Let’s get one thing straight: Even if Jimmy Garoppolo throws for 2,000 yards, 20 touchdowns with a perfect passer rating in his four starts, Tom Brady will be under center Week 5 against the Cleveland Browns.
Jake Long doesn’t sign injury waiver, won’t join Ravens
Jake Long will not join the Baltimore Ravens.
After speaking with general manager Tom Telesco on Friday, Wyche was left with the belief that this staredown will not end until Bosa tells his agent that it’s time to play football.
Here’s what else we learned from Friday’s action in training camps around the league:
The dotted line
1. Andre Johnson’s AFC South odyssey now includes Nashville. The Titans signed the 35-year-old receiver ostensibly to set a professional example for the young players, including enigmatic wideout Dorial Green-Beckham. With DGB, Kendall Wright, Rishard Matthews and rookie Tajae Sharpe ticketed for the Week 1 roster, Johnson could be competing with Harry Douglas and Justin Hunter for the final spot at wide receiver.
2. Darius Slay might not be a household name, but he emerged as a Pro Bowl-caliber cornerback in 2015. Now the fourth-year star is paid like it. Slay inked a four-year, $48 million deal with $23.1 million guaranteed. He and Ziggy Ansah are Detroit’s building blocks on defense.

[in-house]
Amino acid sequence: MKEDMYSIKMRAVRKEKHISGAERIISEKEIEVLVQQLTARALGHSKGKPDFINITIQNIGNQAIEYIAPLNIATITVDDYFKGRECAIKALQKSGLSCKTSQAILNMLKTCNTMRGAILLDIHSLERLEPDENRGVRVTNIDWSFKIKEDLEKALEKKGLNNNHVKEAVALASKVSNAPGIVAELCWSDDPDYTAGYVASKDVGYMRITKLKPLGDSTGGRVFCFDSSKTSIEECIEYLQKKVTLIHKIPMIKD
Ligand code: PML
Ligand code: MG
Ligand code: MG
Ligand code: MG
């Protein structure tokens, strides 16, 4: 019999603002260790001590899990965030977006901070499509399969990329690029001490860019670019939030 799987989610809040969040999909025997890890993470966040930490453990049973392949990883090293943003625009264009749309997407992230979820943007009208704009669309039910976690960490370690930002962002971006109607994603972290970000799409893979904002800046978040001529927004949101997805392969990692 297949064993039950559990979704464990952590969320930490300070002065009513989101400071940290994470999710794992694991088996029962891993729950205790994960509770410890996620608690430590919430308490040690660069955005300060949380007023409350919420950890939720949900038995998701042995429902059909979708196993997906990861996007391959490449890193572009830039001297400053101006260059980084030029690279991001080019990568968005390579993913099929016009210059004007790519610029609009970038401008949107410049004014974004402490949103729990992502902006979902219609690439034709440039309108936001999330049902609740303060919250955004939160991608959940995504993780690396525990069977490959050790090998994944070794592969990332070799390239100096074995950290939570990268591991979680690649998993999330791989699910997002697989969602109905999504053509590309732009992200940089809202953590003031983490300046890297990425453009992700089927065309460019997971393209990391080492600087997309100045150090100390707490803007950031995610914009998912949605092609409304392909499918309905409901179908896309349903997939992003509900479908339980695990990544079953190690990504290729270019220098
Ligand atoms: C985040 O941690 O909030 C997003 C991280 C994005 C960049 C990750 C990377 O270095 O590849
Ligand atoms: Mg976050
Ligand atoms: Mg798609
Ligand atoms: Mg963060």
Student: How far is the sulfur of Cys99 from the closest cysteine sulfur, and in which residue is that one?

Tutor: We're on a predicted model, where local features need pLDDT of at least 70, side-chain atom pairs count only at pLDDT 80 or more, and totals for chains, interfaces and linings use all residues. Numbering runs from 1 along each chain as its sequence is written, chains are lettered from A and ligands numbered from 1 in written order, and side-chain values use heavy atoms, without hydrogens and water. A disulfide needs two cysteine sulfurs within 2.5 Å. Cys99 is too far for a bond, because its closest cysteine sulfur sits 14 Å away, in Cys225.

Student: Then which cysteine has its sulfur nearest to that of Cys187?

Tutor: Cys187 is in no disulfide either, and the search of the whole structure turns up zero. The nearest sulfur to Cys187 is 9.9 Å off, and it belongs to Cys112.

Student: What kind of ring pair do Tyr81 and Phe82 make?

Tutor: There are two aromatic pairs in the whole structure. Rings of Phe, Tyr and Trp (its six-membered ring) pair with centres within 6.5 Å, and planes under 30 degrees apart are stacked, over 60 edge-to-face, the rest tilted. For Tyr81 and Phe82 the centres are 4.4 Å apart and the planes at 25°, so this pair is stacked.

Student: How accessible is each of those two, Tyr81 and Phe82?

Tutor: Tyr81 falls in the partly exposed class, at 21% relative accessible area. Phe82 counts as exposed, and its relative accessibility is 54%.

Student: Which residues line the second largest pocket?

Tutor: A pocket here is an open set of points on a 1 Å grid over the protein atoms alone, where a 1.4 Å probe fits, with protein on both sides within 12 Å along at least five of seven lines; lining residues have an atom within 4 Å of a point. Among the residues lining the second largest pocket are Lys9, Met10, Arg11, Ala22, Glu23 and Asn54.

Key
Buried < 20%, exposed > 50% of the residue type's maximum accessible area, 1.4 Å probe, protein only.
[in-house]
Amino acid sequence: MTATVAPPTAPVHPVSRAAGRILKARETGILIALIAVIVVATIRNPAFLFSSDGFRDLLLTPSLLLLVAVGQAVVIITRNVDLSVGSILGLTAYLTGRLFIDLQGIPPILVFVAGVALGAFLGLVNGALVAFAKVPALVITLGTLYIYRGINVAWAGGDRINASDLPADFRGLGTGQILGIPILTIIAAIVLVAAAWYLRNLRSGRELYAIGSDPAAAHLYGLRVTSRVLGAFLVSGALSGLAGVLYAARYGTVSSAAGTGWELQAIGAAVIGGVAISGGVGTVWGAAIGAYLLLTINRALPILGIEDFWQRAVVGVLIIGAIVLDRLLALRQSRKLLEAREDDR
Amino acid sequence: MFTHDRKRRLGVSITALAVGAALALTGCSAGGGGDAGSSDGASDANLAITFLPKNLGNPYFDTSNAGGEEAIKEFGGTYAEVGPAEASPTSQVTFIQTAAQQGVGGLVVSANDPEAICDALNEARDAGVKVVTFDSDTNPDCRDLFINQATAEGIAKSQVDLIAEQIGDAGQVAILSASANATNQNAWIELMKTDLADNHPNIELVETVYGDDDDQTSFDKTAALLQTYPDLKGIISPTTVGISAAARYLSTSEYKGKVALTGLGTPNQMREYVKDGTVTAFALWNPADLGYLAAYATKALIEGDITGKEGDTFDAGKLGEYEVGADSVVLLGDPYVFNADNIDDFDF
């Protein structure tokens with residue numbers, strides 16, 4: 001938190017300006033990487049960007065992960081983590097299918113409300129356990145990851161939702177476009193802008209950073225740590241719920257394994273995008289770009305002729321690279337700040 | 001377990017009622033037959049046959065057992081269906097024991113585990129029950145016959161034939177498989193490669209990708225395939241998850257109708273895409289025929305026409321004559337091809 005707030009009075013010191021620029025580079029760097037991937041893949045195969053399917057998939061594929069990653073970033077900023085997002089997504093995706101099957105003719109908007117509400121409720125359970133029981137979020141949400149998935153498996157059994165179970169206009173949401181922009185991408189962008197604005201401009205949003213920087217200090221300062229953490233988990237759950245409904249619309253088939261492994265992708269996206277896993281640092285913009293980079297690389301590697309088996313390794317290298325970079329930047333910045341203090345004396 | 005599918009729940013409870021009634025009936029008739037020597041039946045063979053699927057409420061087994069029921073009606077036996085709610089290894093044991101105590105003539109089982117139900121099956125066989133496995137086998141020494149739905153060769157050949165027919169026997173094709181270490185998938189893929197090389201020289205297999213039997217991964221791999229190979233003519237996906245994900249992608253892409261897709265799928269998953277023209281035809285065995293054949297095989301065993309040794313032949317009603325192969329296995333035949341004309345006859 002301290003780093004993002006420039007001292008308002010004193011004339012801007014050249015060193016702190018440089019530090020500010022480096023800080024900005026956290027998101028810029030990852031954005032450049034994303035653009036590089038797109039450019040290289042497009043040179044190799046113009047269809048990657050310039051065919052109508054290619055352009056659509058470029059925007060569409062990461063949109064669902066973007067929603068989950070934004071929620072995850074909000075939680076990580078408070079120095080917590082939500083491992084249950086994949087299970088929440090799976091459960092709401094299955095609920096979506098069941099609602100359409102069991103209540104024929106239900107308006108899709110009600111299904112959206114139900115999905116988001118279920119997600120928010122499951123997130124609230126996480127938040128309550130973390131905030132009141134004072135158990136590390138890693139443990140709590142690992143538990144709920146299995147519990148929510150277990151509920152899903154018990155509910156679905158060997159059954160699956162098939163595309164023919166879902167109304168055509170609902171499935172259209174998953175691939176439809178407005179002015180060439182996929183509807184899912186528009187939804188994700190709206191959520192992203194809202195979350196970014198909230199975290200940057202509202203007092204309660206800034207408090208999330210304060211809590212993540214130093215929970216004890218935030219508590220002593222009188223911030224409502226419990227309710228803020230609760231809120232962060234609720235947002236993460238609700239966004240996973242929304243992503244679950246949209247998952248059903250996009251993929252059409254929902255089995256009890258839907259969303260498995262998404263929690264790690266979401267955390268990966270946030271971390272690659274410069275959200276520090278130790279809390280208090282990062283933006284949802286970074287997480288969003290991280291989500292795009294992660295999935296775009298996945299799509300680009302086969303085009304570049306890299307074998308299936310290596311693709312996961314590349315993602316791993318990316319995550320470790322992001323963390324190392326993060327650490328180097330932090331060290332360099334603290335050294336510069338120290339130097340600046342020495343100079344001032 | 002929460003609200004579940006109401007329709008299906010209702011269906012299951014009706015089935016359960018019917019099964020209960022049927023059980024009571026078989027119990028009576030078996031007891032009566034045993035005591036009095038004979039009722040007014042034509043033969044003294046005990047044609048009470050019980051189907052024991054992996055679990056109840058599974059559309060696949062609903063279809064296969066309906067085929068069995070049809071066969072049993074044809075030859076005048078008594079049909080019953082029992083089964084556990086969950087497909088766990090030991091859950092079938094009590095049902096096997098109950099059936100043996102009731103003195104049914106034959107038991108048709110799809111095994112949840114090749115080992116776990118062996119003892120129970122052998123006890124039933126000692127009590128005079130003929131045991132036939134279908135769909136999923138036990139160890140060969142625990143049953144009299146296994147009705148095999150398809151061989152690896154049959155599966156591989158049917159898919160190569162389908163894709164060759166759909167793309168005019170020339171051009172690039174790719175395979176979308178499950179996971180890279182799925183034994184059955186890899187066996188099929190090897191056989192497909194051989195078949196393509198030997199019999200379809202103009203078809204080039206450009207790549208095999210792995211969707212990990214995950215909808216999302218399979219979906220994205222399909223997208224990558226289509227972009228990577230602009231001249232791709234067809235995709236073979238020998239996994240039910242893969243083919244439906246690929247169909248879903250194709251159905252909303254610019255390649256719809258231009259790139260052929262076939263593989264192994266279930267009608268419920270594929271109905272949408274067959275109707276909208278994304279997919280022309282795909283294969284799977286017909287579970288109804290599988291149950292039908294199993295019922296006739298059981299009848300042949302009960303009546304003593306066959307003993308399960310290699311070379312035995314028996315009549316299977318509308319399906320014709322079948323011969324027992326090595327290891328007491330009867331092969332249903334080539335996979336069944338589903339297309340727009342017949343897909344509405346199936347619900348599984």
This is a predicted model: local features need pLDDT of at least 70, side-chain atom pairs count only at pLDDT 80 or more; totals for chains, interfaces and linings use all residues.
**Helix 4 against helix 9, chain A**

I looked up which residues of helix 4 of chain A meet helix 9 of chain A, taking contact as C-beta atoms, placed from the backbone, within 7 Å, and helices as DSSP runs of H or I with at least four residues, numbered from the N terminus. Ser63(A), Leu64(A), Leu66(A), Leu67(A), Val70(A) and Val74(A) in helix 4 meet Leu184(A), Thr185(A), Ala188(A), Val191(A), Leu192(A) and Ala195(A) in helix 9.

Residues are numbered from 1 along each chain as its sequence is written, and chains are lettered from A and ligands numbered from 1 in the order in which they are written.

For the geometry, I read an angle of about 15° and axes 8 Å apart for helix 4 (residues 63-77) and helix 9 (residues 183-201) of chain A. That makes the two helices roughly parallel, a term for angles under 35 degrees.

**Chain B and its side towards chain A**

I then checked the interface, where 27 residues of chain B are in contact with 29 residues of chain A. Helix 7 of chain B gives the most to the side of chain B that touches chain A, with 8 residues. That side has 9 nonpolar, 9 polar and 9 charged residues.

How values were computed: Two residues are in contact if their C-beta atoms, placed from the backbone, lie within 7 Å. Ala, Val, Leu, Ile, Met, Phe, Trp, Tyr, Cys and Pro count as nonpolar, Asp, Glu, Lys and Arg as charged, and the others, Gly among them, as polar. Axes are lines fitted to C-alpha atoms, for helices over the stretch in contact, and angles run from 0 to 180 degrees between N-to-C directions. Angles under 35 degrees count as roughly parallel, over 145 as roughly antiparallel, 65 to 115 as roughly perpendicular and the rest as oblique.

3. In the span of three months, Darren Sproles has gone from trade candidate to roster mainstay in Philadelphia. The Eagles signed the 33-year-old to a one-year, $4 million extension that will keep the passing-down specialist and kick returner onboard through the 2017 season.
Now that Ryan Fitzpatrick and the Jets have found common ground, the Chargers’ contract stalemate with first-round draft pick Joey Bosa looms as the tedious business story threatens to overshadow the on-field show in training camp.
Standing firm on upfront bonus money and offset contract language, Bosa did not report with his teammates Friday, per NFL Media’s Steve Wyche.
Bosa is pushing for all of his bonus money to be paid in full, per Wyche, while the team insists on paying in two installments.
The Bolts want to be consistent about how they do business. They are loath to set a precedent, not only in San Diego but also for the rest of the league.
In the meantime, both sides are entrenching.